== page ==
The discharge head and the discharge flow rate of pumps were calculated for each ballast water level, and thereafter, ballasting time was calculated by using the changed values of the ballast water level and the discharge flow rate of the pump.

In this study, the interval of ballast water level was assigned at 5 mm to calculate ballasting time, and the following procedures were applied for the calculation:

• (1) Discharge head (P1) of pumps was assumed to be a certain value.

• (2) The relevant discharge flow rate from the pumps’ performance curve was calculated by using the pumps’ assumed discharge head (P1).

• (3) The pressure loss (DP1) from pumps to the bell mouth in the ballast tank was calculated on the basis of the pumps’ discharge flow rate.

• (4) The back pressure (DP2) applicable to the ballast water level was calculated.

• (5) If the calculated value of DP1 + DP2 – P1 was appropriate within the convergence condition, the process goes to the next step; otherwise, a new value for the pumps’ discharge head (P1) was assumed, and steps (2) to (4) are undertaken iteratively.

• (6) The ballasting time of each interval was calculated by the use of the changed volume (DV) applicable to ballast water level, and the discharge flow rate of pumps converges as above.

• (7) Total ballasting time was calculated by adding up each ballasting time at each interval.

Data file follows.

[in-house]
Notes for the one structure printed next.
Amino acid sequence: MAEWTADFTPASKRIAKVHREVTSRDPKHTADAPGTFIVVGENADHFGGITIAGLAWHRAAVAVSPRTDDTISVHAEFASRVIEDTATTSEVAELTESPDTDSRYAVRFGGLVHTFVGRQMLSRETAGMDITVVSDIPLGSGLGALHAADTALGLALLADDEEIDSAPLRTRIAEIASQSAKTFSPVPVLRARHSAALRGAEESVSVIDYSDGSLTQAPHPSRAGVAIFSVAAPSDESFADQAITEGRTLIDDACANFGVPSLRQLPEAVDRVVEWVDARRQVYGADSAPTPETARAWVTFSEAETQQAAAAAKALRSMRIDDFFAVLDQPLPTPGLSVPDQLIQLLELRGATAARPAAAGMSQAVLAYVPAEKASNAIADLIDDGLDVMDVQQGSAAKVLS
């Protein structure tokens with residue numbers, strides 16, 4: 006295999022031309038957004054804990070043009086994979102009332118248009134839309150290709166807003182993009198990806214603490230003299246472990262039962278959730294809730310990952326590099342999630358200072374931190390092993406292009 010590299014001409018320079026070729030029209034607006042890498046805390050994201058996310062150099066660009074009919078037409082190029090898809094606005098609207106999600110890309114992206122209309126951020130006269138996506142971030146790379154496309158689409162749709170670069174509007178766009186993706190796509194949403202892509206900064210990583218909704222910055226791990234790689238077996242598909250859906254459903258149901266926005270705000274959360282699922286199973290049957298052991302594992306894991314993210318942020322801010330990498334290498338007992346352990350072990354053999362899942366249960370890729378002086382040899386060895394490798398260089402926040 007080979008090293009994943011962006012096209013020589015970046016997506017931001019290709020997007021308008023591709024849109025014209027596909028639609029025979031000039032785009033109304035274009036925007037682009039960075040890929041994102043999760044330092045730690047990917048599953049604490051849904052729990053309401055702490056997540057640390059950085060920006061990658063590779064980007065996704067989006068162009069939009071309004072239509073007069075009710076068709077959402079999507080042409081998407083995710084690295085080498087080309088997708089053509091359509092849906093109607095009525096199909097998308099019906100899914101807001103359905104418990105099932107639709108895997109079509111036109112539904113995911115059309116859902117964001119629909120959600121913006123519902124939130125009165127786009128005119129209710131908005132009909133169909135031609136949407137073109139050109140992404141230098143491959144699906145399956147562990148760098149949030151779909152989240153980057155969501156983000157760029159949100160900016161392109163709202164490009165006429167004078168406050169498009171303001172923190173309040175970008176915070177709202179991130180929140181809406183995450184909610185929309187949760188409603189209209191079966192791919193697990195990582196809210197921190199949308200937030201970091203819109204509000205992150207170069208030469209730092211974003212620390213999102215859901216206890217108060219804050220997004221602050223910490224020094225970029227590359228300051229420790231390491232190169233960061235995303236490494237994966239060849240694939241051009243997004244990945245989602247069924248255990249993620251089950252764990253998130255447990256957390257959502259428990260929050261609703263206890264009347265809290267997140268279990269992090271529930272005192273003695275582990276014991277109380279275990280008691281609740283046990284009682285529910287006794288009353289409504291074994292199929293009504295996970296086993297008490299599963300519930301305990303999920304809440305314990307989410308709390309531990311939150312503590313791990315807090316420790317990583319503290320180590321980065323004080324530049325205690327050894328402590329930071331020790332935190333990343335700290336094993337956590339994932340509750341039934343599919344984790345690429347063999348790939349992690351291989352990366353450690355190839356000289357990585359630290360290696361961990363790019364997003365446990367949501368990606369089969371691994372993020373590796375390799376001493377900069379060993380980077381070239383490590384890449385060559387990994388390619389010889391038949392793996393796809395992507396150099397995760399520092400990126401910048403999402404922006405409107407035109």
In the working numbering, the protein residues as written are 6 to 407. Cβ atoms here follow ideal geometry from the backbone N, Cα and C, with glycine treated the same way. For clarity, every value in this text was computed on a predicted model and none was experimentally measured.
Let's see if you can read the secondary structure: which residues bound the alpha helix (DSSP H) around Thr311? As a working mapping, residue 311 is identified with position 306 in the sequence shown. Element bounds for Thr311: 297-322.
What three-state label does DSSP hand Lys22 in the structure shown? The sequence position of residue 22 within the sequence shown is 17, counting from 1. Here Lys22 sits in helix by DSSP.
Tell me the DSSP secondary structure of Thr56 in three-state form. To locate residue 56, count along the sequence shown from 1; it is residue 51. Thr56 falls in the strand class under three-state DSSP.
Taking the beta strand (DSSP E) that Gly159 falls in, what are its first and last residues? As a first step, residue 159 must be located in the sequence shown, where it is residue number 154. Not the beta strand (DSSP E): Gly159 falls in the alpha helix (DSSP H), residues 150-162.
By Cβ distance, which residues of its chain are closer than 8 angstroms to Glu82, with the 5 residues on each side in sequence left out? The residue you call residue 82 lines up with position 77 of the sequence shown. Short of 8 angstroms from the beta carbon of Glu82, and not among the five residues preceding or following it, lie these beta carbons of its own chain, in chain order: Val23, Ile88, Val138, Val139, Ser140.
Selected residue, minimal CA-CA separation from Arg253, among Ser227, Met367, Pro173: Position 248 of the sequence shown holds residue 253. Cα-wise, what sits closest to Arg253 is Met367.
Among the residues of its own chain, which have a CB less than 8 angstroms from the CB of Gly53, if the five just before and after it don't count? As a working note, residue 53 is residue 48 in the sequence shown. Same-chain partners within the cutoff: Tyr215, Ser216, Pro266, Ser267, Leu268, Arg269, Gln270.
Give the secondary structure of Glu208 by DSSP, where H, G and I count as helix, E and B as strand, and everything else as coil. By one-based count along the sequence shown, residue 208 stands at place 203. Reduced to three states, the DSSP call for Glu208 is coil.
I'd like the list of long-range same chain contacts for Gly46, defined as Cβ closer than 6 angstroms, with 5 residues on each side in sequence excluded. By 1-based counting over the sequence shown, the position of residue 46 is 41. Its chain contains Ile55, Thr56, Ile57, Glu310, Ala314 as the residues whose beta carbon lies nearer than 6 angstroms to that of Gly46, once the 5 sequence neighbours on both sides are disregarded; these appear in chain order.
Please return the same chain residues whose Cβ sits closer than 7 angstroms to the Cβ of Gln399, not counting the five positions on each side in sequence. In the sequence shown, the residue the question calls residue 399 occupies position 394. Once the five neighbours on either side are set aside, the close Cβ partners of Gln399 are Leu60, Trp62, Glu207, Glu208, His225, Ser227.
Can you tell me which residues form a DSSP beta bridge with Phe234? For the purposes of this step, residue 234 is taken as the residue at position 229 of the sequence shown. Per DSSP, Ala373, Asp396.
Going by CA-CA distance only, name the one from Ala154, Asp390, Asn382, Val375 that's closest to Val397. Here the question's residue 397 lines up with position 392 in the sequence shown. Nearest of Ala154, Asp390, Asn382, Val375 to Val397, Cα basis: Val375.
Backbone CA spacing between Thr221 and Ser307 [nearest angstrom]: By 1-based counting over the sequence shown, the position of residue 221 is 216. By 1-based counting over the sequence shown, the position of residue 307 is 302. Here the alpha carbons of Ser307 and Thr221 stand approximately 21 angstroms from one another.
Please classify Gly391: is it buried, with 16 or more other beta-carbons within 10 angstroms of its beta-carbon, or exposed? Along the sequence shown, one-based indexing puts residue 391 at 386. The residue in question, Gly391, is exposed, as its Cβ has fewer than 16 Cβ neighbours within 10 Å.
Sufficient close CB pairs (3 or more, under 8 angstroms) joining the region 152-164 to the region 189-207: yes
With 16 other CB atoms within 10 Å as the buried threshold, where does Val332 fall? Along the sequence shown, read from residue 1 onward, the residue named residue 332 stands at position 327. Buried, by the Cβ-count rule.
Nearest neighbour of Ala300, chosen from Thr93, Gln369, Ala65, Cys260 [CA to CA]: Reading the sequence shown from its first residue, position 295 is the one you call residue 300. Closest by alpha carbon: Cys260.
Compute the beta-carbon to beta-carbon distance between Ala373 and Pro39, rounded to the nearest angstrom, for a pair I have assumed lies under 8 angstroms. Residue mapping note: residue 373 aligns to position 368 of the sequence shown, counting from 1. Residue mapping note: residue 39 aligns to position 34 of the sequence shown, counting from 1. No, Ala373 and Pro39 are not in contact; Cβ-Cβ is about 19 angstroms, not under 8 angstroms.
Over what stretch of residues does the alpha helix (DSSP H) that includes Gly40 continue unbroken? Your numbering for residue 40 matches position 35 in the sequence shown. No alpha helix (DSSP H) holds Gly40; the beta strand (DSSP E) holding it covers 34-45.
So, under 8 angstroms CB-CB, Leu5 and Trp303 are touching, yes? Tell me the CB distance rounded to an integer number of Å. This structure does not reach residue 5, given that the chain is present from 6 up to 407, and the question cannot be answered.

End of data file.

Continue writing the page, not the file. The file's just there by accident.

The formula (6) was applied to the convergence condition for the calculation procedure (5).

$| ∑ ( D P 1 + D P 2 ) i − ∑ ( D P 1 + D P 2 ) i − 1 | ≤ 10 − 5$
(6)

where i is the iteration number of iterative calculation.

In principle, “DP1 + DP2 - P1 < acceptable error” is correct as shown in calculation procedure (5), but when convergence condition is applied, it is not possible to converge when the discharge head of the pump is fixed at a constant value due to the flow control function. Therefore, formula (6) is applied as the convergence condition. Also, formula (6) is considered as same as the convergence condition of the calculation procedure (5) because the flow energy loss (DP1) depends on the discharge flow rate of the pump and the discharge flow rate of the pump is determined by the discharge head of the pump.